Employers essential guide to identifying stress and how to deal with it

Dealing with invisible illness

According to a recent survey, excessive stress has been experienced by nearly half of UK employees (47%) over the past year, which has led to nearly one in 10 quitting their job.

To mark Stress Awareness Month, the UK’s biggest online learning provider, The Skills Network, is offering UK businesses free access to courses in mental health.

The courses are designed to provide employees with the skills and awareness of how to spot stress in others, and to also provide them with the resources and knowledge to address and support anyone who is struggling.

So, what are the key signs employers should be looking out for?

1. Increase in sickness/absences

Stress can impact the entire body and cause our immune systems to falter, leading to health problems such as migraines and feeling run down. If you’re noticing more absences in your team due to illness, this could be an indication that your team are feeling overwhelmed.

2. There’s a dip in productivity

A happy team is a productive team according to a recent survey, so if you’re struggling to understand a dip in productivity, take a look at your team’s day-to-day attitude. Do they complain more, struggle to meet deadlines, take longer to reply to emails or produce work at a lower standard all of a sudden?

All of these things are an indicator that stress is stopping their ability to perform effectively within the role and should be addressed as soon as possible.

3. The office vibe is low

Being busy can be a good thing as it means your business is thriving and also doesn’t give employees the opportunity to become bored or feel stagnant, but it can quickly lead to stress.

If people appear rushed off their feet and aren’t enjoying chatter amongst their colleagues over a cup of tea, or exchanging even the smallest conversation throughout the day, this could be a sign that people are overwhelmed.

4. Higher turnover

Letting stress fester in your employees will ultimately lead to an increase in turnover, as people start to look for new opportunities where their daily stress will decrease. This is why it’s so important to address the issue as quickly and effectively as possible to show them that you’re offering the support and understanding they need.

If you start to notice more people leaving the business, it’s time to get serious about supporting your staff’s mental health before you’re left with a complete new team and the challenges that come with that.

And what can you do to support your team so that it minimises the bottom line?

5. Check in regularly

If you don’t already check in with your team regularly, now is definitely the time to start, particularly with more people working from home.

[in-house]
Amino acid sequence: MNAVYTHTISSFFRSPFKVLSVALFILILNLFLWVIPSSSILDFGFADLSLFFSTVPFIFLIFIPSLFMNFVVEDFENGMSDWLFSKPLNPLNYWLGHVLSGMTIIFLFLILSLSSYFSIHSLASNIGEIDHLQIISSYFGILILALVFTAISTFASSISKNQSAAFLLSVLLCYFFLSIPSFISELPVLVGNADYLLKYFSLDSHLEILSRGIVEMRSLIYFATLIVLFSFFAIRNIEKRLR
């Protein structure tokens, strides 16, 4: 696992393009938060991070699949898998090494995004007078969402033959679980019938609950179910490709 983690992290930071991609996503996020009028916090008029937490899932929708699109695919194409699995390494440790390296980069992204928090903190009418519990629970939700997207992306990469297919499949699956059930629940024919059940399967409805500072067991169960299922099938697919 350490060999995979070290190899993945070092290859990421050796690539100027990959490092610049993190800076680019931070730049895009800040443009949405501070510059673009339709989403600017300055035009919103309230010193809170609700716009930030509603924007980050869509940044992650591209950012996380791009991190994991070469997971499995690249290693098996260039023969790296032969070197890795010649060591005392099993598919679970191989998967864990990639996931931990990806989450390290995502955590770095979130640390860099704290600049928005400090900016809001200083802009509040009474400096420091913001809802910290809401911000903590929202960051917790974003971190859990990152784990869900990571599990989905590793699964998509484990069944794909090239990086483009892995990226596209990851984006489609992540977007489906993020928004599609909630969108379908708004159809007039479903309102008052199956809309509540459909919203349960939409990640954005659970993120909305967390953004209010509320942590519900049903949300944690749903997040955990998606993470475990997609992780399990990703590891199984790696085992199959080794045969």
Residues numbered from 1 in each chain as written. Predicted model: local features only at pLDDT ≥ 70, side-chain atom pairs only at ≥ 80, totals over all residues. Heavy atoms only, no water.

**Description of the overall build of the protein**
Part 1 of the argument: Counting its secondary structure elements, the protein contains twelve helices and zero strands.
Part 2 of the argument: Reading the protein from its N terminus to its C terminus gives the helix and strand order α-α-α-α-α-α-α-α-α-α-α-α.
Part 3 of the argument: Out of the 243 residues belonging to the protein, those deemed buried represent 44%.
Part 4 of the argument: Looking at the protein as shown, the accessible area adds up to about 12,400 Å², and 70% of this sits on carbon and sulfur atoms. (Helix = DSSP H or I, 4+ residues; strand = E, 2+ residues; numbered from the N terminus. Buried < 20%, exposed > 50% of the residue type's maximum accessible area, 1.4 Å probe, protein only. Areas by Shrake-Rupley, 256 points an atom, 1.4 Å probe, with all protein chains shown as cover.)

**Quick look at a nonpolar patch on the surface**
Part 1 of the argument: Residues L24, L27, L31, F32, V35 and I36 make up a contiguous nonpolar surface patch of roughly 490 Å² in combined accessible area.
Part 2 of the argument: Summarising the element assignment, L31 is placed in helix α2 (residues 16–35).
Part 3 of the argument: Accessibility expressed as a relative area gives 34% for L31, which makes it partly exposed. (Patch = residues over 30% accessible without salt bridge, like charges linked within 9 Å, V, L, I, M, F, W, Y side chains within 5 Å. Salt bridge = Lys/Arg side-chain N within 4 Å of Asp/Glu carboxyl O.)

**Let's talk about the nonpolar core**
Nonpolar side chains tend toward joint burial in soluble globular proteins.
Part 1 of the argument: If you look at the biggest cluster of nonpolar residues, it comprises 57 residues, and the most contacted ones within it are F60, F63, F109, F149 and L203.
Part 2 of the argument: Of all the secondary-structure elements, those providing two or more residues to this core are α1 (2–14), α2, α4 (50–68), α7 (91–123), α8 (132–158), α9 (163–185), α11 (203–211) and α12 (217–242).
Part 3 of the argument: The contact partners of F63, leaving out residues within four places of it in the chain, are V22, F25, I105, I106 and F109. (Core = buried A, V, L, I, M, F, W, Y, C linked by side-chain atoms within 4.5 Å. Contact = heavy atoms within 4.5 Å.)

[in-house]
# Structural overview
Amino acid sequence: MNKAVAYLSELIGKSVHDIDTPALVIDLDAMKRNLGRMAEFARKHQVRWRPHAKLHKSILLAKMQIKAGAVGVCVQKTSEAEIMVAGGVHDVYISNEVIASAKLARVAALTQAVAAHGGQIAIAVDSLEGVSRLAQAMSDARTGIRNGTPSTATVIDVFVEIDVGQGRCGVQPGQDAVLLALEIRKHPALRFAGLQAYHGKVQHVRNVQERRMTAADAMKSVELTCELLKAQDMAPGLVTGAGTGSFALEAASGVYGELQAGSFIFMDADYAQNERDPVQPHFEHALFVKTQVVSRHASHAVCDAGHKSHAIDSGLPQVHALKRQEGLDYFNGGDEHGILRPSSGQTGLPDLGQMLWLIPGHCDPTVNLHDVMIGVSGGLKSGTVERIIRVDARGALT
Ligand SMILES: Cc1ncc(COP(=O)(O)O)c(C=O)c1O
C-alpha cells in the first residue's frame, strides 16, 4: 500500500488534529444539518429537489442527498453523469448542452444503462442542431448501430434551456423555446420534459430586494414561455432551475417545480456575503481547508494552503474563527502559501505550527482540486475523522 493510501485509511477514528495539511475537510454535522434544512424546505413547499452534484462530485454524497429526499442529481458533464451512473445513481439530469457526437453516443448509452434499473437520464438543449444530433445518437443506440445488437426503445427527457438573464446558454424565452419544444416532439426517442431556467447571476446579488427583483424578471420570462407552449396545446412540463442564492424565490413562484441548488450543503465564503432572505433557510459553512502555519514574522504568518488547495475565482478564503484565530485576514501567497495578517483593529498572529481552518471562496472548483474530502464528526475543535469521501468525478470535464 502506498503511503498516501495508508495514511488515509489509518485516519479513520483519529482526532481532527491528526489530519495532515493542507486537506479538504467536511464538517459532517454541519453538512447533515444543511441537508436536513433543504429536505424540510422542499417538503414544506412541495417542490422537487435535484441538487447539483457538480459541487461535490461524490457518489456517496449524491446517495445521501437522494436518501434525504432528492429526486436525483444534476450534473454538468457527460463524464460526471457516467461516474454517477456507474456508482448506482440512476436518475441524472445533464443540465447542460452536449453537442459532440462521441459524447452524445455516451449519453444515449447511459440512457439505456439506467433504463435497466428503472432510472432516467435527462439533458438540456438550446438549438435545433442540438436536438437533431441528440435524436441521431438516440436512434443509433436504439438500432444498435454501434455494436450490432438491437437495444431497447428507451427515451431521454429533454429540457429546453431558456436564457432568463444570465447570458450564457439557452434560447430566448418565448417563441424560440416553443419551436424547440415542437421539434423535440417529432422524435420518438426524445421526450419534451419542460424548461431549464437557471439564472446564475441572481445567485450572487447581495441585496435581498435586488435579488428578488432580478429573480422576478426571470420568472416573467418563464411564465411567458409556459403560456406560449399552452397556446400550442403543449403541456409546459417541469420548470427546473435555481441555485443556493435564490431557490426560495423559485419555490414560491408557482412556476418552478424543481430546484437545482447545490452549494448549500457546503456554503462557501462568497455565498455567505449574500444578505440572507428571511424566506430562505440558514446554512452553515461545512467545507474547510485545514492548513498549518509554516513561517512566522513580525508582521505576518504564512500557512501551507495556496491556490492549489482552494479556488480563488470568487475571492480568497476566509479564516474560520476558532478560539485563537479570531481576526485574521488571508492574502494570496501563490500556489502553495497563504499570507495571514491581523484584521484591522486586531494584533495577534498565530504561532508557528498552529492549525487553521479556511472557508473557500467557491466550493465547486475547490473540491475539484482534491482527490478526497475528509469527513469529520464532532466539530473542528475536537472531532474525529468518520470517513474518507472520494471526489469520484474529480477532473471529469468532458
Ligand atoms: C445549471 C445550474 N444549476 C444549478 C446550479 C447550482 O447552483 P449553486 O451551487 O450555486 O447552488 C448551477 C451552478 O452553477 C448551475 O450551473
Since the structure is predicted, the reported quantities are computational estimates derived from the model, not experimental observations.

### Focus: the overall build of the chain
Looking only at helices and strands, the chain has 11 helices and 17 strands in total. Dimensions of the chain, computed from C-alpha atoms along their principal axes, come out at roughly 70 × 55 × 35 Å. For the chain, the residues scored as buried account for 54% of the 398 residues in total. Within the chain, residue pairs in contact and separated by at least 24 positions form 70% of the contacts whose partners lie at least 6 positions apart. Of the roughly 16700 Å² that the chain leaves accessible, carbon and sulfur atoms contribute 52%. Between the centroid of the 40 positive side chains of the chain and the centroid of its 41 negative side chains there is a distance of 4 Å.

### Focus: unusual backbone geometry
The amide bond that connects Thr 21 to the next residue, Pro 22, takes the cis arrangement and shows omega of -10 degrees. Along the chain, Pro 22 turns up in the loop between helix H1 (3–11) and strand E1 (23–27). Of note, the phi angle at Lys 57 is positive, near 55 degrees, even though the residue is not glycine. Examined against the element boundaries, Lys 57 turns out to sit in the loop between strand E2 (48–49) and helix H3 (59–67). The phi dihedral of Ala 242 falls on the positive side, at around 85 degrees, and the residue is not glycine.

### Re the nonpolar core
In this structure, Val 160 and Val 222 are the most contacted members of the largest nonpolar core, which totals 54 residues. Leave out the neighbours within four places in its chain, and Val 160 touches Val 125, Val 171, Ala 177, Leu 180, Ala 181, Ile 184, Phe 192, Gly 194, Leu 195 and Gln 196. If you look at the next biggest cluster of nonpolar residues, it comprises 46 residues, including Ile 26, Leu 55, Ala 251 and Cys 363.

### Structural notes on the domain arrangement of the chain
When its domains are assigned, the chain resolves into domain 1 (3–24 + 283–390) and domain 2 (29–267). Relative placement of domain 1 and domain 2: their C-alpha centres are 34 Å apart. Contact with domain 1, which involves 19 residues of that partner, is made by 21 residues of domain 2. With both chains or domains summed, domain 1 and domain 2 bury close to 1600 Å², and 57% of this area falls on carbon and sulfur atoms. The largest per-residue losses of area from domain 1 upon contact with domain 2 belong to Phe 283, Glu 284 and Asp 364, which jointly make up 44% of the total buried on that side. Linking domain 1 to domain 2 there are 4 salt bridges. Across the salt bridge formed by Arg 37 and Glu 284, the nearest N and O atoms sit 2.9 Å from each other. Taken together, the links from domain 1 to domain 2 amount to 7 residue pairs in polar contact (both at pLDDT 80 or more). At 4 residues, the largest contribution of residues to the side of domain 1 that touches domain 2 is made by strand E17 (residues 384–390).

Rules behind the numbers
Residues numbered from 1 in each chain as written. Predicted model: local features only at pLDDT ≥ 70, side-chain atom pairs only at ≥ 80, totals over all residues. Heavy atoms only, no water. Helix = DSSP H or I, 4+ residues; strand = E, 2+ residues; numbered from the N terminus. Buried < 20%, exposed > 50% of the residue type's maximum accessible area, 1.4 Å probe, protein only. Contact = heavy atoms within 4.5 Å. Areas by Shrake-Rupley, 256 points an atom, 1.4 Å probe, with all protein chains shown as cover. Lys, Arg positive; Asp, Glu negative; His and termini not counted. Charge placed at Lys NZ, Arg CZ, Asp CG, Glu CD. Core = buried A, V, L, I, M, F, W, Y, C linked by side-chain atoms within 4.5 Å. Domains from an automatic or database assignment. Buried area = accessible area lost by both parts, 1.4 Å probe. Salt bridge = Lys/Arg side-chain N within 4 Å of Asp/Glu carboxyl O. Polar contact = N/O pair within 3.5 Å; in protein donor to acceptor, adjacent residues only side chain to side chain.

During these catch-ups which should ideally be weekly or bi-weekly, take a portion of the session to ask them how they’re feeling in general, leaving the question open for them to lead the response.

Some will likely be more open about their feelings than others, so it’s important that you press on and dig a little deeper to make sure they’re really being honest with you rather than just taking their word for it and moving onto discuss business.

6. Introduce a positive recognition scheme

There’s no denying that sometimes things can get busy, no matter how much you do to keep things manageable, so it’s vital that you recognise the hard work your staff do every day.

Whether it’s a weekly shoutout to someone else in the team or a prize for the best results each month, and simply ensuring managers are highlighting any great work throughout the day, all these things will help keep moral high and stress levels low.

7. Encourage workplace wellness

Health and wellbeing are talked about more than ever and it’s important for business leaders to encourage a healthy work-life balance, to give their staff the time to care of their physical and mental health through socialising with friends, getting enough rest and exercising. It’s important to do all of these things yourself too so they don’t feel pressured or expected to match your long work hours.

8. Upskill your management team

Making sure your management team have the skills to help your employees when they’re struggling with stress and mental health is paramount to dealing with the issue effectively.

Through free courses such as those offered through The Skills Network, you’ll have a well-prepared group of stress handlers able to support the team and overall create a more pleasant place to work.

To find out more about how you could be supporting your staff, or to sign up to one of the free certified courses, please visit www.theskillsnetwork.com.

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